The group turnover for the 52 week period ending 29th March, 2010 at A£33.2m was up 15.6 percent, with the profit before tax at A£16.0m rocketing by an incredible 117 percent (LSE, 2010, p1). Appendix 4 summarises the group performance, as reported in the Preliminary Results for 2010. The Group has experienced strong cash generation during 2010, with operational cash-flows of A£21.2m during the year. This figure is A£5.7m more than the A£15.5m generated during the previous year, and has essentially come about from the improvement in the underlying profit before tax during 2010. The Distribution and Administrative Costs have increased by 15.6 percent during 2009-10 as compared to the previous year. The EBIT (Earnings before finance costs and taxation) rose by 118.3 percent during the same period. The Profit before Taxation (PBT) grew sharply from A£7.4m to A£16.0m during 2009-10 year, registering an increase of 117 percent. The sales to private customers, which make up the mainstay of the business, have shored up well, even though sales to corporate customers has been unsatisfactory. The company's French operations have been hurt by a stronger Euro (Majestic Group, 2009, p1). This contributed to an exceptional non-cash charge of A£5.33m in 2009, which arose from the writing-down of the carrying value of the company's French retailing operations, Wine and Beer World (Majestic Group, 2009, p1).

The company's purchase policy of reducing the minimum purchase of 12 bottles to 6 has led to excellent results, even as it needs to be recognised that it may be difficult to replicate this year's soaring profits next year, because of the challenges involved in manoeuvring even more supermarket customers through its shop entrances (O'Doherty & Kuchler, 2010, p1). Majestic is nevertheless working towards seizing mid-market space with a number of value-adding schemes like developing sales to gastro pubs, increasing its wine-tasting programmes, and growing its fine wines business (O'Doherty & Kuchler, 2010, p1). Majestic's market share at 3.4% leaves abundant room for growth (O'Doherty & Kuchler, 2010, p1). Its share is trading at approximately 14 times its forecast earnings for 2011, higher than the average of its peer retailers, which are trading at an average of 12 to 13 times. Majestic, O'Doherty & Kuchler, (2010, p1) feel merits the premium and some more.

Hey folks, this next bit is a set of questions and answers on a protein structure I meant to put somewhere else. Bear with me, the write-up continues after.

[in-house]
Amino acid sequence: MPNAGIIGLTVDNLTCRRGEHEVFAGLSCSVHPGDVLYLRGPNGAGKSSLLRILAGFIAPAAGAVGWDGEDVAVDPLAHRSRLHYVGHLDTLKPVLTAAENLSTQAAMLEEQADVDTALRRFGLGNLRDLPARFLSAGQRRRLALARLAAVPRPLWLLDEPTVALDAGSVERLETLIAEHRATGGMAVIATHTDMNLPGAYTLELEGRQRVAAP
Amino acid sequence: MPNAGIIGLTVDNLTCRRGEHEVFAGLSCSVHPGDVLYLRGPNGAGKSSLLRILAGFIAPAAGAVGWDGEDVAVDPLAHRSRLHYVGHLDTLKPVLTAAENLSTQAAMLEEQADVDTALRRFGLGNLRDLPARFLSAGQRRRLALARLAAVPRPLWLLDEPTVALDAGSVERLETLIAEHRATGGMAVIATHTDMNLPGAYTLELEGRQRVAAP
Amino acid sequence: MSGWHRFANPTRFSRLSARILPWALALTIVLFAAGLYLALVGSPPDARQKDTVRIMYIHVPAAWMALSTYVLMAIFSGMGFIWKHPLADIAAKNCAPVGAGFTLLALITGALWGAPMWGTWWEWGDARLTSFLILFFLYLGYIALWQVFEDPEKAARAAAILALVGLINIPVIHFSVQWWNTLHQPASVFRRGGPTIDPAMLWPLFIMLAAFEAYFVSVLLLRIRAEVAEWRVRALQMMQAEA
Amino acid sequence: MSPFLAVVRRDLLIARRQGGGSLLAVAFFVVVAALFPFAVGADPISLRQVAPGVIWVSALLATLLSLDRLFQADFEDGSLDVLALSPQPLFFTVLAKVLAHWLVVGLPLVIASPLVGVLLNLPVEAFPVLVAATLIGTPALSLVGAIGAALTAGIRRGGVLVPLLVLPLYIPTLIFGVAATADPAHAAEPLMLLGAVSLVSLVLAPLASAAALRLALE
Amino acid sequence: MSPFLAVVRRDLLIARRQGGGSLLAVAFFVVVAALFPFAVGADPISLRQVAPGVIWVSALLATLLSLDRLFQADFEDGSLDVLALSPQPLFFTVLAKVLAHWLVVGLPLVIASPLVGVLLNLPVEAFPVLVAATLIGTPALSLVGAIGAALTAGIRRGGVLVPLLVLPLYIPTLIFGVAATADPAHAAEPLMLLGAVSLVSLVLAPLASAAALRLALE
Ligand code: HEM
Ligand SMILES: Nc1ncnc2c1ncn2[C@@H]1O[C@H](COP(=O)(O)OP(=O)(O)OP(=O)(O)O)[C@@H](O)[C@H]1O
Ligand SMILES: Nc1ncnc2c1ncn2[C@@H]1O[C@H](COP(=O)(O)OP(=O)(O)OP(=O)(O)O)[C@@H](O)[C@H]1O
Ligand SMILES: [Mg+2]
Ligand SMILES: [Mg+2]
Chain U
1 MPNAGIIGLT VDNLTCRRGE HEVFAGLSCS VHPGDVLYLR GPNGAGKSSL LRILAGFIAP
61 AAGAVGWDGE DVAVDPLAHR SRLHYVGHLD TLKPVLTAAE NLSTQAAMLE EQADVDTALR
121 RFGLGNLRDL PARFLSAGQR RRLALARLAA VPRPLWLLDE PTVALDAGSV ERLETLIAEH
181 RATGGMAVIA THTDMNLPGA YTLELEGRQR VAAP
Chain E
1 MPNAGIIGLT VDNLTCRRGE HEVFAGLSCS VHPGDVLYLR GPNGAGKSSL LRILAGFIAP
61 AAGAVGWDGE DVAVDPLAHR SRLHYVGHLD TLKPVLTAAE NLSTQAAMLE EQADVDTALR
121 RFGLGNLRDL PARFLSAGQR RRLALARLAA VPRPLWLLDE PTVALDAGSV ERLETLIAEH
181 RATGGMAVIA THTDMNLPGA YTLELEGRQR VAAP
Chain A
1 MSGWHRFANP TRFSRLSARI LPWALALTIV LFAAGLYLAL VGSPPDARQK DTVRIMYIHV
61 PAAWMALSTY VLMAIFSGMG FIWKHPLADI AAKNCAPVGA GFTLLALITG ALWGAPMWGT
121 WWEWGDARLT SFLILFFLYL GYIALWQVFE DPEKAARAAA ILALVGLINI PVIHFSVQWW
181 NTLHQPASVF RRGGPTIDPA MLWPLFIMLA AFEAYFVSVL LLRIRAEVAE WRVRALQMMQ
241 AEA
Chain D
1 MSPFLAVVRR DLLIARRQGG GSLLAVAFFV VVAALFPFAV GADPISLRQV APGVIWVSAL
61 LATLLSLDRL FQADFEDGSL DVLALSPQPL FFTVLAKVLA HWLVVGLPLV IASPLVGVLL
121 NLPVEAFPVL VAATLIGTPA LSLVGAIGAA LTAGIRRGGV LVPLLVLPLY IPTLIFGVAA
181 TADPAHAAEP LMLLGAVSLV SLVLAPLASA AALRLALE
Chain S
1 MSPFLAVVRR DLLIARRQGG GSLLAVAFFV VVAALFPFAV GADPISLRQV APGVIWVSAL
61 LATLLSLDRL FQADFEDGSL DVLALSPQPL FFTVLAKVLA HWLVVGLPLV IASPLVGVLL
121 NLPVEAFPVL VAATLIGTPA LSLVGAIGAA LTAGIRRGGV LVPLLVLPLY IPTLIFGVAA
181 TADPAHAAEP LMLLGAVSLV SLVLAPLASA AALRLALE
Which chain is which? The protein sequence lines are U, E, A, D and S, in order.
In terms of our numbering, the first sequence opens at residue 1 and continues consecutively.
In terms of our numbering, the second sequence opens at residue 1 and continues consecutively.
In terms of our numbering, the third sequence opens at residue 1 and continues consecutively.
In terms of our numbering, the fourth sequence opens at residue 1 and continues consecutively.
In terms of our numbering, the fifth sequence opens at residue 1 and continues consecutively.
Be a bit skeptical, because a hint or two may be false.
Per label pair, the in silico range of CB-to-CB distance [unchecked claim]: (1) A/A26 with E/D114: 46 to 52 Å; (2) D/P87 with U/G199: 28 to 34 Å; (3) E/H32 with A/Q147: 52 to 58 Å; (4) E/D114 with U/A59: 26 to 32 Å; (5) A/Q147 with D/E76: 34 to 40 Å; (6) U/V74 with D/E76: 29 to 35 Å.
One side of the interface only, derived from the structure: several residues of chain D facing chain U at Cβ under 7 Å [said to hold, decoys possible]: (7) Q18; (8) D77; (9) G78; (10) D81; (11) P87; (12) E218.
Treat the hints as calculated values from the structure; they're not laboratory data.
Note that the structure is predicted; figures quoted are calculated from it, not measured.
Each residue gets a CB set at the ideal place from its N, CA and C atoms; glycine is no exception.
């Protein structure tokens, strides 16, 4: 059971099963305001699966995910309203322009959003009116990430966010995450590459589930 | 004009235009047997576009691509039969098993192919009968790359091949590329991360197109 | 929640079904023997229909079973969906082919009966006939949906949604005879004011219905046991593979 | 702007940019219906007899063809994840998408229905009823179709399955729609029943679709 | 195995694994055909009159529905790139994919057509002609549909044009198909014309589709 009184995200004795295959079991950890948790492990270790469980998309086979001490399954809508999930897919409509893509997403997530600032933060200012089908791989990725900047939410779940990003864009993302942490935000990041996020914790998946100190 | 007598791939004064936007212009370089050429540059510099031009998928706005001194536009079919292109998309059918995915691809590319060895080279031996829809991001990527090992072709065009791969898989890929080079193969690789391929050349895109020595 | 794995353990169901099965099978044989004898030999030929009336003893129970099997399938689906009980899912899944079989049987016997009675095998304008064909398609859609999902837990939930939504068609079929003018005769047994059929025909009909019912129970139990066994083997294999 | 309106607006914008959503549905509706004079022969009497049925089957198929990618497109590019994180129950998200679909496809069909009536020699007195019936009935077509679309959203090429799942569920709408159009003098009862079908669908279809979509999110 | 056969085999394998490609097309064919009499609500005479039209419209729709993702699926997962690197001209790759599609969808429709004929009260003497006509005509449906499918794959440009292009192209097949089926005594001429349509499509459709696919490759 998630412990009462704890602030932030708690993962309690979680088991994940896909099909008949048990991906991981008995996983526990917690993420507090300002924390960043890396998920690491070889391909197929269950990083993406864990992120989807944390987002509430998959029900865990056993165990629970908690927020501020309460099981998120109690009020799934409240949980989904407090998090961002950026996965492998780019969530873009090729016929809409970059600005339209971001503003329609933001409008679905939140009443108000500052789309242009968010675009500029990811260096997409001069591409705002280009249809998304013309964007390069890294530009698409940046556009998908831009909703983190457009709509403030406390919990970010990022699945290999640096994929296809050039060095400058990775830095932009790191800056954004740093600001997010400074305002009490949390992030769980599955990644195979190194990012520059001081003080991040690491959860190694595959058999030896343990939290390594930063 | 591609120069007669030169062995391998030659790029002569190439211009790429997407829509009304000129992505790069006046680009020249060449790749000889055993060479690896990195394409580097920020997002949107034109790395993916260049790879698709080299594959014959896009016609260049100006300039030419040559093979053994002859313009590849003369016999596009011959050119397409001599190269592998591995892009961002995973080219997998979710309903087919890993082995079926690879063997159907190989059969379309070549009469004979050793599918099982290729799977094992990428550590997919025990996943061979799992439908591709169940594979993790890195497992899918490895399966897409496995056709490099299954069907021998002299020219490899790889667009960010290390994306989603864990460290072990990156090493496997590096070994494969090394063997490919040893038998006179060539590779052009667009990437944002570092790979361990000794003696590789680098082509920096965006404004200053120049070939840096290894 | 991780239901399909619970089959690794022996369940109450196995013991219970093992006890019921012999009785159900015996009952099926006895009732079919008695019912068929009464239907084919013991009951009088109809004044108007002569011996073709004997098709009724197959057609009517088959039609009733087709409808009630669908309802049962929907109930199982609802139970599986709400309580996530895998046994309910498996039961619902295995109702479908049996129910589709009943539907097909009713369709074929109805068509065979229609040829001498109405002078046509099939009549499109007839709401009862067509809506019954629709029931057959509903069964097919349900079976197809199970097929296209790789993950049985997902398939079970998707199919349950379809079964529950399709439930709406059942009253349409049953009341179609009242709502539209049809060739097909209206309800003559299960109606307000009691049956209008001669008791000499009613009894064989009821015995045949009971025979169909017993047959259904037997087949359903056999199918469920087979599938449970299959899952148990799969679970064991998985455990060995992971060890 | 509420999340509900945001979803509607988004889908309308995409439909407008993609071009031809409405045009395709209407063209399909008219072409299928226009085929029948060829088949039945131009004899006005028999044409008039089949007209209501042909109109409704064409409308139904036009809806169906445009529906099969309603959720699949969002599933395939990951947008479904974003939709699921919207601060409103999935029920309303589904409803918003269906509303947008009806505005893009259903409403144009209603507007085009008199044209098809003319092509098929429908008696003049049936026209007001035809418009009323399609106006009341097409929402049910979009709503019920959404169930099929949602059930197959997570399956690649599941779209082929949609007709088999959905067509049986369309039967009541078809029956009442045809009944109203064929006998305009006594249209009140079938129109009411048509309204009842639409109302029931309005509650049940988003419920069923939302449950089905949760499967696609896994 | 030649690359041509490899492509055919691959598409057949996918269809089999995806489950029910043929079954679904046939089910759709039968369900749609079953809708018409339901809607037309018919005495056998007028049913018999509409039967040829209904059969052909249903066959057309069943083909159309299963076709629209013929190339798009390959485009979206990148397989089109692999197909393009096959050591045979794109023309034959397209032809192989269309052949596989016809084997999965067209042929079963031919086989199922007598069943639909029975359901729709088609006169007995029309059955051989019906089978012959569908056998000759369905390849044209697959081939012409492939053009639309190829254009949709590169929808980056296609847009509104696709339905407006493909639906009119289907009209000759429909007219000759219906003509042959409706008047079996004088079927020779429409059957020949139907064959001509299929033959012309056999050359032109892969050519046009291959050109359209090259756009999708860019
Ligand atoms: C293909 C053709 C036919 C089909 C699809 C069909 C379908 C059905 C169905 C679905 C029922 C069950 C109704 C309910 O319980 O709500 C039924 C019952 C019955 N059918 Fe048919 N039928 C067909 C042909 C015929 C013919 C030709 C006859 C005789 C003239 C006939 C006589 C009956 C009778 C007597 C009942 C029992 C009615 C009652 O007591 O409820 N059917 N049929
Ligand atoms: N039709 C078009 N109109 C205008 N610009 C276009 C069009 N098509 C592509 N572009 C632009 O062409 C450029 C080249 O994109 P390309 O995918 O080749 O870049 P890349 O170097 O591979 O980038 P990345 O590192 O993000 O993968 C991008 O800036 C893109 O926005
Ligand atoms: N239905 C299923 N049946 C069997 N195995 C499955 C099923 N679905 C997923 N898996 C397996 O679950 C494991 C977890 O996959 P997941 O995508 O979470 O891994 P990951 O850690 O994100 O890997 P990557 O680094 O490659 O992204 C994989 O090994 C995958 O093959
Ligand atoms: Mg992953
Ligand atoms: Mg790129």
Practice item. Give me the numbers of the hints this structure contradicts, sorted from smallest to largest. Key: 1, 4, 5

The company's results are remarkable, considering that the underlying profit growth of 26 percent in 2010 has been achieved after accounting for the reduction of A£5.3m in the carrying value of the French operations (Hemming, 2010, p1). The business is well positioned to capitalise on its core strengths as the economic environment starts improving (Majestic Group, 2009, p1). The company's acquisition of Lay and Wheeler's fine wine business in 2009 has contributed A£12.4m to 2010 sales (LSE, 2010, p1). It is to the credit of the group that the total dividend for the year has been raised by 5.1 percent, to 10.3p per share, against last year's 9.8p, despite continuing market pressures (LSE, 2010, p1). The underlying basic earnings per share (EPS) for 2010 at 18.4p were 31.4% higher than the 2009's 14.0p. The underlying diluted EPS for the same period at 18.3p rose 30.7% against the previous year's figure of 14.0p. The basic EPS for 2010 at 18.4p was 247.2% more than the 2009's 5.3p. The diluted EPS for 2010 at 18.3p was 245.3% more than the 5.3p achieved in 2009 (LSE, 2010, p1). The average transaction expenditure at A£129 for 2010 is 4 percent lower than 2009, despite a growth of 14.6 percent to 1.7m in transaction numbers (LSE, 2010, p1).